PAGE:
Sometimes the history behind a movie is just as interesting as the movie itself.
Back in 1979, there was a little film called The Warriors, a simple-but-stylish thriller directed by Walter Hill about a small Coney Island street gang who are framed for the shooting of a powerful New York gang leader. They are then forced to make their way through New York City, avoiding rival gangs and the police in order to make it back to their home turf, where they will allegedly be safe. It is a long and perilous journey, and several gang members don’t make it back.
If you've ever seen this movie, you know The Warriors bears absolutely no resemblance to anything in the real world. It’s a cartoon fantasy - an aesthetic precursor to the likes of Escape from New York - with elaborately-attired gang-bangers whose ‘colors’ are more like Halloween costumes than the uniforms of the street (in fact, a lot of kids did dress-up like the Baseball Furies for Halloween that year). The violence is romanticized and choreographed, shot more for dramatic effect than any attempt at realism…kinda like West Side Story without the songs or the movie Kiss should have made instead of Phantom of the Park.
Still, a few real-life gangsters decided to go see it, but got into a tiff with rivals before or after the movie and commenced trying to kill each other. There were shootings, as well as a few deaths.
|"Admit it, Swan...we're lost."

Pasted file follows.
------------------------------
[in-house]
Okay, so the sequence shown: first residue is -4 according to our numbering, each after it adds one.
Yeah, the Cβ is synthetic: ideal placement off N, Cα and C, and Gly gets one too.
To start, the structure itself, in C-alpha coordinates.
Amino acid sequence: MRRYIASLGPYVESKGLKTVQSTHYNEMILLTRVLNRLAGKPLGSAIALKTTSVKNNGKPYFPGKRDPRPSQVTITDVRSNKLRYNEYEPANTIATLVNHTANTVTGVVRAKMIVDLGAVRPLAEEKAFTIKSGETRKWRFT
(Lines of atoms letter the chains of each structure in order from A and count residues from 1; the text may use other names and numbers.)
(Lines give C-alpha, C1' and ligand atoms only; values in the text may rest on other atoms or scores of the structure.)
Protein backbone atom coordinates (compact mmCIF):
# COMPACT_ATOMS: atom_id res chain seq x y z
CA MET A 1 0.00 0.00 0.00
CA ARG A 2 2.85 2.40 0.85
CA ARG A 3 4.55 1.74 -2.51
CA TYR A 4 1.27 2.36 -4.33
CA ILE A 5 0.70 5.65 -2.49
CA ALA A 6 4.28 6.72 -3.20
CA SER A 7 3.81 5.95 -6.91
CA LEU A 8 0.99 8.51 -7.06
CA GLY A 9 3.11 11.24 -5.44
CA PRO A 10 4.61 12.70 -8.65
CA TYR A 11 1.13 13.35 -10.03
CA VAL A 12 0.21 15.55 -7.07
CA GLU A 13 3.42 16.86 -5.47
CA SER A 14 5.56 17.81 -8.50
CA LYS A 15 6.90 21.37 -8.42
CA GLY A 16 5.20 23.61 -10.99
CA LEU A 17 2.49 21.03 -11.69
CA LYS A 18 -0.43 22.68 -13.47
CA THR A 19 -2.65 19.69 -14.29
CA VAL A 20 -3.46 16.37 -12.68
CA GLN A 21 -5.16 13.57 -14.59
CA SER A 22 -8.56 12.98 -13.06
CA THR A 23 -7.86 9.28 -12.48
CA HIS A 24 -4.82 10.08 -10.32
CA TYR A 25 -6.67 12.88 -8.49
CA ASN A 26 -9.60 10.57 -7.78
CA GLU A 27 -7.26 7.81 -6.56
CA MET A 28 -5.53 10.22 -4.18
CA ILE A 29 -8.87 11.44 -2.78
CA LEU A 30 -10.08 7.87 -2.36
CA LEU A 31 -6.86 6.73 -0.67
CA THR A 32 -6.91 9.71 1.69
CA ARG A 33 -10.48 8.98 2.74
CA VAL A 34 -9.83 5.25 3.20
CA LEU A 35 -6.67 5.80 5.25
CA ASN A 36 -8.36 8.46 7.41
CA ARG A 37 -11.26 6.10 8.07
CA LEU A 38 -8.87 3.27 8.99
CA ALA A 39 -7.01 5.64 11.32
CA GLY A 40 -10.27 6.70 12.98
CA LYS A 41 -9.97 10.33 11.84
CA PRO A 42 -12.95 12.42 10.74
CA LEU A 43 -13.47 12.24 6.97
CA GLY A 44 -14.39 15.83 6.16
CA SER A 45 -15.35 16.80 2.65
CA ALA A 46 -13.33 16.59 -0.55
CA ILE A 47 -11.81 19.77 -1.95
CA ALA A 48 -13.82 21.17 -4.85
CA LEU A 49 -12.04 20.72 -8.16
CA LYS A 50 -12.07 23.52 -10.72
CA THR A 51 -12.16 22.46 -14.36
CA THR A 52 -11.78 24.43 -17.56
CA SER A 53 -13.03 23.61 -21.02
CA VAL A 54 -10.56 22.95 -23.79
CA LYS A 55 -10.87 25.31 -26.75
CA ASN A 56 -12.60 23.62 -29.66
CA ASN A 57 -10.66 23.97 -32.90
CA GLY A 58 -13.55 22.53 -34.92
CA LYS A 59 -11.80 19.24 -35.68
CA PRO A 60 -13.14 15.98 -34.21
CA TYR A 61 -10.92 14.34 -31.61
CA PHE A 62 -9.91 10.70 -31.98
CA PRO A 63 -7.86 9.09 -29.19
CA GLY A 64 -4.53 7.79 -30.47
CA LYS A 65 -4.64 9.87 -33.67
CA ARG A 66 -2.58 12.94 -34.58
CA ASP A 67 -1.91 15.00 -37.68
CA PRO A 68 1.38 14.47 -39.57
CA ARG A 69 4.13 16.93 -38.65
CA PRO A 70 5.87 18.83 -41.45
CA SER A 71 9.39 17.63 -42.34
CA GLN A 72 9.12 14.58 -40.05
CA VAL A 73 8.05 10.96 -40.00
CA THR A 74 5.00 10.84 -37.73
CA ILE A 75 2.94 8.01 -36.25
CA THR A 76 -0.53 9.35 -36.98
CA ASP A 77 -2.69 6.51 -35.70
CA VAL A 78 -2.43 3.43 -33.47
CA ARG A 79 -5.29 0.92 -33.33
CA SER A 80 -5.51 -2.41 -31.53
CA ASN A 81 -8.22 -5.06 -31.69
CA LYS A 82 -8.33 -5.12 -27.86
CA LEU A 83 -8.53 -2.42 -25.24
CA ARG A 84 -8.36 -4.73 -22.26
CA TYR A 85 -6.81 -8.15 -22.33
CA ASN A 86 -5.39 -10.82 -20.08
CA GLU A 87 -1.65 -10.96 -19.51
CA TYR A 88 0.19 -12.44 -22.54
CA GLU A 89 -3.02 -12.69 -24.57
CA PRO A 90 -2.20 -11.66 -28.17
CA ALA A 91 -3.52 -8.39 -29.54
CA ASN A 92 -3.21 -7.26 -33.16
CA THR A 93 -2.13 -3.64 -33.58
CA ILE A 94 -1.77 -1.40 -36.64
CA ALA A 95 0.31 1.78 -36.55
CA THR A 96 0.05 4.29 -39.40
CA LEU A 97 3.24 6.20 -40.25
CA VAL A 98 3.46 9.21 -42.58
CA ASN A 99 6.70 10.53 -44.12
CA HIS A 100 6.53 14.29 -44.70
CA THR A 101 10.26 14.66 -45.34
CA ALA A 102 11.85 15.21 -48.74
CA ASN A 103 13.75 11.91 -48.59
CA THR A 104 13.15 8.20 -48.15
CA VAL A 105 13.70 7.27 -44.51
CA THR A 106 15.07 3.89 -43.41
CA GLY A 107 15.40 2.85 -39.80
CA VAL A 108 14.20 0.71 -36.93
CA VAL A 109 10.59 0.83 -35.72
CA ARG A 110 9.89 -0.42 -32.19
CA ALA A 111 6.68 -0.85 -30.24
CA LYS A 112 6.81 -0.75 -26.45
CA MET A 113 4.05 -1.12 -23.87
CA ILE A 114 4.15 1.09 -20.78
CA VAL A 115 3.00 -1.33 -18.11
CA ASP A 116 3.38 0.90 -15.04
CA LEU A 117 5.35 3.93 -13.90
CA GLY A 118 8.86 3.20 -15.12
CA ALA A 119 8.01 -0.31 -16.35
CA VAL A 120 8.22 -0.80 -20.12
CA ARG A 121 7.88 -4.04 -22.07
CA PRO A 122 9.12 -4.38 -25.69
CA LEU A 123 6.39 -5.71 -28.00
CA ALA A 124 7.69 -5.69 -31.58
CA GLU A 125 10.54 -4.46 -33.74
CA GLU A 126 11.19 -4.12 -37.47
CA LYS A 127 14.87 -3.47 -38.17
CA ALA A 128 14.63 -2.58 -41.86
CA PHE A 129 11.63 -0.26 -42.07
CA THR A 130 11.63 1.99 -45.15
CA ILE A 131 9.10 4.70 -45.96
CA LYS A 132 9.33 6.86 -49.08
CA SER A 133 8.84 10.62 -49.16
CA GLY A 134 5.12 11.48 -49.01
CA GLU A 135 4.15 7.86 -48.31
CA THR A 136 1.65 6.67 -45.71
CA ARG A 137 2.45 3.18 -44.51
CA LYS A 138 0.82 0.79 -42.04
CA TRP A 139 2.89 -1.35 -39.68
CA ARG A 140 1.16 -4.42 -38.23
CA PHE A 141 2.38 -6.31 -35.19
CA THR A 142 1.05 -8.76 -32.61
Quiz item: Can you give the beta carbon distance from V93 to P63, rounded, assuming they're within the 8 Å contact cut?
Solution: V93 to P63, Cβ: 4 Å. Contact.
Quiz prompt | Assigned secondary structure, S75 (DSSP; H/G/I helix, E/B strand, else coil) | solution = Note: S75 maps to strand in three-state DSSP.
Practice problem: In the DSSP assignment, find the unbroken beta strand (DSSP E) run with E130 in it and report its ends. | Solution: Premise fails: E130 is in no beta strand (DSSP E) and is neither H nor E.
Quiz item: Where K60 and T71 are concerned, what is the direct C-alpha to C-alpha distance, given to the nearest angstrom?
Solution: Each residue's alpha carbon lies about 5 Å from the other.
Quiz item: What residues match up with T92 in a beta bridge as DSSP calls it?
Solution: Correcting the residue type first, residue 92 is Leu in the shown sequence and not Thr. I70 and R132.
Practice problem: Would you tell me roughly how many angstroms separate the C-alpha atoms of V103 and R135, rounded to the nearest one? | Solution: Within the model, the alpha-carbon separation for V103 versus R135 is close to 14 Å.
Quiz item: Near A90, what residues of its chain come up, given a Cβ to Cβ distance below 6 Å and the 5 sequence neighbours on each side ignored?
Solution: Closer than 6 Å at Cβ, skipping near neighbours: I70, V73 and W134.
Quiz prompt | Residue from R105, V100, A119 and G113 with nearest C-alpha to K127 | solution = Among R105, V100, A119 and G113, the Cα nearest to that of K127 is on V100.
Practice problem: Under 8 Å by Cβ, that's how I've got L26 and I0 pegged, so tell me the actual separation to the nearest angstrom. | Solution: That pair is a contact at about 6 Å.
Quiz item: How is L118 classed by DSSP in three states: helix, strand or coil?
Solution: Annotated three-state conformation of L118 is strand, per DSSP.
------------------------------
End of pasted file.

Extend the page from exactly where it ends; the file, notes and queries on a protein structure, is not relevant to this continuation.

So for a brief time, The Warriors was seen as dangerous, therefore irresistible, which undoubtedly contributed to the cult status it now enjoys. With the media whipping people into a frenzy, the movie had a sudden street-cred it didn’t really warrant, since it’s relatively lightweight fluff…not remotely dangerous, but a hell of a lot of fun and arguably Hill’s most entertaining movie. If not for the actions of a few gang-bangers, there’s a chance The Warriors would have been forgotten by the general public within a few weeks. Instead, it became something of a cultural phenomenon.
Boxed sets were made for classics such as this…the ones with stories every bit as enjoyable as the film. Arrow Video has put together a great two-disc set with 4K remasters of both the original theatrical cut and the Alternate Version, which was first released on DVD in 2005. Also included is a large selection of new and vintage bonus features covering all aspects of the production, as well as its immediate and long-term cultural impact. As with other Limited Edition sets from Arrow, plenty of physical goodies are thrown in (100 page booklet, poster, artcards, stickers), but unfortunately were not made available for review.
NOTE: Free Kittens Movie Guide was provided with a promo disc for review purposes. Physical supplemental material included with the final product (booklets, artwork, inserts, etc) were not available for review.
THEATRICAL AND ALTERNATIVE VERSIONS - The theatrical cut is offered in its original aspect ratio (1.85:1) on home video for the first time
NEW INTERVIEWS - Individual interviews with director Walter Hill, editor Billy Weber, costume designer Bobbie Maddox.
ROUNDTABLE DISCUSSION - This new feature has filmmakers Josh Olson, Lexi Alexander & Robert D. Kryzkowski in a Zoom meeting discussing their appreciation for the film.
NEW FEATURETTES - Come Out and Play (a look at the Coney Island locations today); Sound of the Streets (film historian Neil Brand discusses Barry De Vorzon’s prepulsive music score); Armies of the Night (a feature on the costumes, as well as conceptual costume design)
VINTAGE FEATURETTES - The Way Home (with cinematographer Andrew Laszlo); The Beginning; Battleground; The Phenomenon.
NEW AUDIO COMMENTARY - By critic & Walter Hill biographer Walter Chaw.
ISOLATED MUSIC SCORE - I always felt Barry De Vorzon’s score was vastly unappreciated.
INTRODUCTION BY WALTER HILL
ORIGINAL TRAILER - Which actually uses the theme from Sorcerer.